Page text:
The report calculates an affordability index based on percentage of income needed to buy a median-priced home relative to historic averages, with an index above 100 indicating median home prices are more affordable than the historic average, and an index below 100 indicating median home prices are less affordable than the historic average. (See full methodology below.)
Nationwide, the Q4 2018 home affordability index of 91 was down from an index of 94 in the previous quarter and an index of 106 in Q4 2017 to the lowest level since Q3 2008, when the index was 87.
Among 469 U.S. counties analyzed in the report, 357 (76 percent) posted a Q4 2018 affordability index below 100, meaning homes were less affordable than the long-term affordability averages for the county. That was down from a 10-year high of 78 percent of counties posting an affordability index below 100 in Q3 2018.
Evan Gentry, founder and CEO of Money360, believes 2019 will be the year the California bridge lender hits $1 billion annually in loan volume. Money360, which launched in 2014, has been doubling or tripling in size annually despite the entrance of Wall Street hedge funds into the bridge lending space, Gentry says.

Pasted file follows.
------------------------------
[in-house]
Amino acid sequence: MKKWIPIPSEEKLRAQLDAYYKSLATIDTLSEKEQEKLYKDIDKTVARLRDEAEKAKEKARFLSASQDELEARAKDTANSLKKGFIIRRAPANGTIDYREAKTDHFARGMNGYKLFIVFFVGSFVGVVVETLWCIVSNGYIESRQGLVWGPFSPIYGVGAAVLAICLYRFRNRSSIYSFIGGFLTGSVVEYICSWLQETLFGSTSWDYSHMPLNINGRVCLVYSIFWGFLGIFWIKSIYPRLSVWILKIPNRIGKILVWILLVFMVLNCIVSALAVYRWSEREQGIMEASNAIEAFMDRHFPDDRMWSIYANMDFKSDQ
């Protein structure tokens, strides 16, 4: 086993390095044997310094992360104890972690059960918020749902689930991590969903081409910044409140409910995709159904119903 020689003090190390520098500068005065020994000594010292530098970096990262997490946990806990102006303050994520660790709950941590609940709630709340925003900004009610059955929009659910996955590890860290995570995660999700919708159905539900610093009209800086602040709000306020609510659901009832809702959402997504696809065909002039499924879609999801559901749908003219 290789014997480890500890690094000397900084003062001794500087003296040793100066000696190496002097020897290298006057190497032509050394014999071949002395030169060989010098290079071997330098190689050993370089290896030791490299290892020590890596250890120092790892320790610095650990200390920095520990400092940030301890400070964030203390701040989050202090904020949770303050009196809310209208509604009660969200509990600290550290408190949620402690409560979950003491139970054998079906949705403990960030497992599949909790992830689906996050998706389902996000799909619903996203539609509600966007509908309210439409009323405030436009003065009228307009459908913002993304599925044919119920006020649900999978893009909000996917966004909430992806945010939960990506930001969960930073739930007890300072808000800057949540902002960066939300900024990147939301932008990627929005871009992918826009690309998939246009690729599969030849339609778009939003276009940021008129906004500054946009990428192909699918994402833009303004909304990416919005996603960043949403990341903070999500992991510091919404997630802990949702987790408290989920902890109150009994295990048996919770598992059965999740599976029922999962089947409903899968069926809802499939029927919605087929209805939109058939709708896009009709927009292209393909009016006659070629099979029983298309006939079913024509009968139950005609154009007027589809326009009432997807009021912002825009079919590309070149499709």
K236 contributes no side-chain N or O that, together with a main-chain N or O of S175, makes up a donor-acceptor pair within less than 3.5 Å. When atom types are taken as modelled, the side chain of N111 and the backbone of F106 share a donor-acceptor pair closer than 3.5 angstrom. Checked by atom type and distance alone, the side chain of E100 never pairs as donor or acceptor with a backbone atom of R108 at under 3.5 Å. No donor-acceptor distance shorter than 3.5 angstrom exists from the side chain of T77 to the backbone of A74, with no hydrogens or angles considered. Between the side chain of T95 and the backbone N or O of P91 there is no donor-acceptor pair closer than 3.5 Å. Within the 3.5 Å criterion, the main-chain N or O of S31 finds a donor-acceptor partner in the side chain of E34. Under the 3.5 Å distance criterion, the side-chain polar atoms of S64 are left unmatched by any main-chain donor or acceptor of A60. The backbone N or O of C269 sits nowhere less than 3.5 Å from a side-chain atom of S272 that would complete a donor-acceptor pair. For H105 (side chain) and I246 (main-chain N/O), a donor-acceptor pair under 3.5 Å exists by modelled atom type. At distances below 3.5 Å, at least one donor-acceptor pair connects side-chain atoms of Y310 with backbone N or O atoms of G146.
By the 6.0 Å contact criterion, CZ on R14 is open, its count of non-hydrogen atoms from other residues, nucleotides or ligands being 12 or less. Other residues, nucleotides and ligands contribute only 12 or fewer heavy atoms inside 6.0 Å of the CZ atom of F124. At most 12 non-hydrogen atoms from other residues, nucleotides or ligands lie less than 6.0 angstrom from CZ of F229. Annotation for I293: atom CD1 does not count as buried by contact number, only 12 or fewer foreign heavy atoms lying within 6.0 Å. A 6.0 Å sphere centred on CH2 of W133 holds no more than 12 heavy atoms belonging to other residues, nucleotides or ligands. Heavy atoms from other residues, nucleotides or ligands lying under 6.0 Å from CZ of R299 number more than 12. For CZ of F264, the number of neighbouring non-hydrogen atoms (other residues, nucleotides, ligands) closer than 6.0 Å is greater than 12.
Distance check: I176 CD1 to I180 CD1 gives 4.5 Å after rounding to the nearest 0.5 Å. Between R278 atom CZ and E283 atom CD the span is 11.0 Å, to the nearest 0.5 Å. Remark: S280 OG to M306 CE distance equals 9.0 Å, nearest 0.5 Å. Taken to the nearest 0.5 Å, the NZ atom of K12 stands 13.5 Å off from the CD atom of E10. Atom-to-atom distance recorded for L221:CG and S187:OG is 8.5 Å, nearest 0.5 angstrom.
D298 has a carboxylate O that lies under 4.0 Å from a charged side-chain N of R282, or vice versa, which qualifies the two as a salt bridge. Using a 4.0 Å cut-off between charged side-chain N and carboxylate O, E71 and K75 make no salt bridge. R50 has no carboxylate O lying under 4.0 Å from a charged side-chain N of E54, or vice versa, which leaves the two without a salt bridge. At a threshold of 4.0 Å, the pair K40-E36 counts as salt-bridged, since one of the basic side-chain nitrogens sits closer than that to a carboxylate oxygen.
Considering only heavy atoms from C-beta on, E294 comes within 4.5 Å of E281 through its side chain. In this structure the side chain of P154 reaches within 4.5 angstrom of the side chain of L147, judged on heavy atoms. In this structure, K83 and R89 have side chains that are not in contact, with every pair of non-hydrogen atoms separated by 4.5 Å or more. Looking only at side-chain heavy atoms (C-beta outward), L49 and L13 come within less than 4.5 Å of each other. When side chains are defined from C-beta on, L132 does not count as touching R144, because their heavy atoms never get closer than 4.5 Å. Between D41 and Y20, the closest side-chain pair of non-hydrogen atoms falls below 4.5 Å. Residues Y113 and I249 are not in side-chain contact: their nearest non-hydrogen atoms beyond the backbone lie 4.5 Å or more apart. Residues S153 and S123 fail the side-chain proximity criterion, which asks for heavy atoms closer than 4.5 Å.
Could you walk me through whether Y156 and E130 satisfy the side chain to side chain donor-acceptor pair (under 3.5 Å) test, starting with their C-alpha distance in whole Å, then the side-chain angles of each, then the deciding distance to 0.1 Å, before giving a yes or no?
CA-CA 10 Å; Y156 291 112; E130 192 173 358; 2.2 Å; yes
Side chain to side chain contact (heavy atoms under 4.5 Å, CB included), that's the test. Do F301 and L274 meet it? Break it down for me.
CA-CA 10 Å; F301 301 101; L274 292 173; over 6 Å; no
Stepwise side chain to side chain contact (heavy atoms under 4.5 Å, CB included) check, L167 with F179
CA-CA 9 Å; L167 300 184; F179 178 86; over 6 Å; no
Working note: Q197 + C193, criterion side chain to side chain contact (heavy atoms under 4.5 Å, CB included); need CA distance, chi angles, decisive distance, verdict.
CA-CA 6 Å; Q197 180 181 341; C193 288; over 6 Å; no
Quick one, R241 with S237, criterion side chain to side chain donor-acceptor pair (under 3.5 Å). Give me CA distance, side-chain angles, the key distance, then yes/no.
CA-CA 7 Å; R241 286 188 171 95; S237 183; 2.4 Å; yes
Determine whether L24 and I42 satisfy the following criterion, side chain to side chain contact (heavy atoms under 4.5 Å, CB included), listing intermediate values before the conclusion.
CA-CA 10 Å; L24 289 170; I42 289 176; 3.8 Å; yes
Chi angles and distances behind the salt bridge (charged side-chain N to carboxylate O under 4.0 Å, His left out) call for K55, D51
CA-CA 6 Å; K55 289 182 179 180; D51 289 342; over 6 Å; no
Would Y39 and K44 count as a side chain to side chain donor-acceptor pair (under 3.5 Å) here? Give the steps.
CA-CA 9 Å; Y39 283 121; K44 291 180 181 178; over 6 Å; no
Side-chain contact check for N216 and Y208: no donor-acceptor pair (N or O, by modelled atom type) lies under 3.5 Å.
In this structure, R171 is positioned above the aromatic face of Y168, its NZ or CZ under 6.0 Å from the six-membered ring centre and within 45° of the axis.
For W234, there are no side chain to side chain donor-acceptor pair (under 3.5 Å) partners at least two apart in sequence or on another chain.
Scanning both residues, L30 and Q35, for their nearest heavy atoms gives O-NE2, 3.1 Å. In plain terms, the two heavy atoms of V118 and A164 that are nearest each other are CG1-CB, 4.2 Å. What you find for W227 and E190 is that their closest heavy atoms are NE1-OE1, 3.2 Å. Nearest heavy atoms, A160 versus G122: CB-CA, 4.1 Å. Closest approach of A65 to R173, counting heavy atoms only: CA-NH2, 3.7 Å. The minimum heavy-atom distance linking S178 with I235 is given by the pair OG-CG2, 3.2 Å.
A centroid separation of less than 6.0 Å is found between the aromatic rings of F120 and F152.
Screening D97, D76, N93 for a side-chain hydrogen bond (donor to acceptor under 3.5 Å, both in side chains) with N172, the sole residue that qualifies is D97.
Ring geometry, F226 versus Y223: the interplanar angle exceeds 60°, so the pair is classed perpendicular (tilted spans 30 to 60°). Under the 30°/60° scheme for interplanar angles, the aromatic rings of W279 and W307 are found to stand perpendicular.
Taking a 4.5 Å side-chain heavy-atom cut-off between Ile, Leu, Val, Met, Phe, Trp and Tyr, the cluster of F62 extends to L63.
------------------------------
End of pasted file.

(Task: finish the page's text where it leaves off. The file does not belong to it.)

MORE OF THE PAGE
“There’s a lot of opportunity in the market,” he notes. “Transaction volume was strong in ’18; we think it will continue to be strong in 2019.”
Money360 is one of hundreds of U.S. bridge lenders that still see plenty of runway at this stage of the real estate cycle, despite growing competition that has fostered a new level of aggressiveness, including higher leverage, lower pricing, no appraisal loans, innovative loan structures and originators willing to lend on non-cash-flowing assets.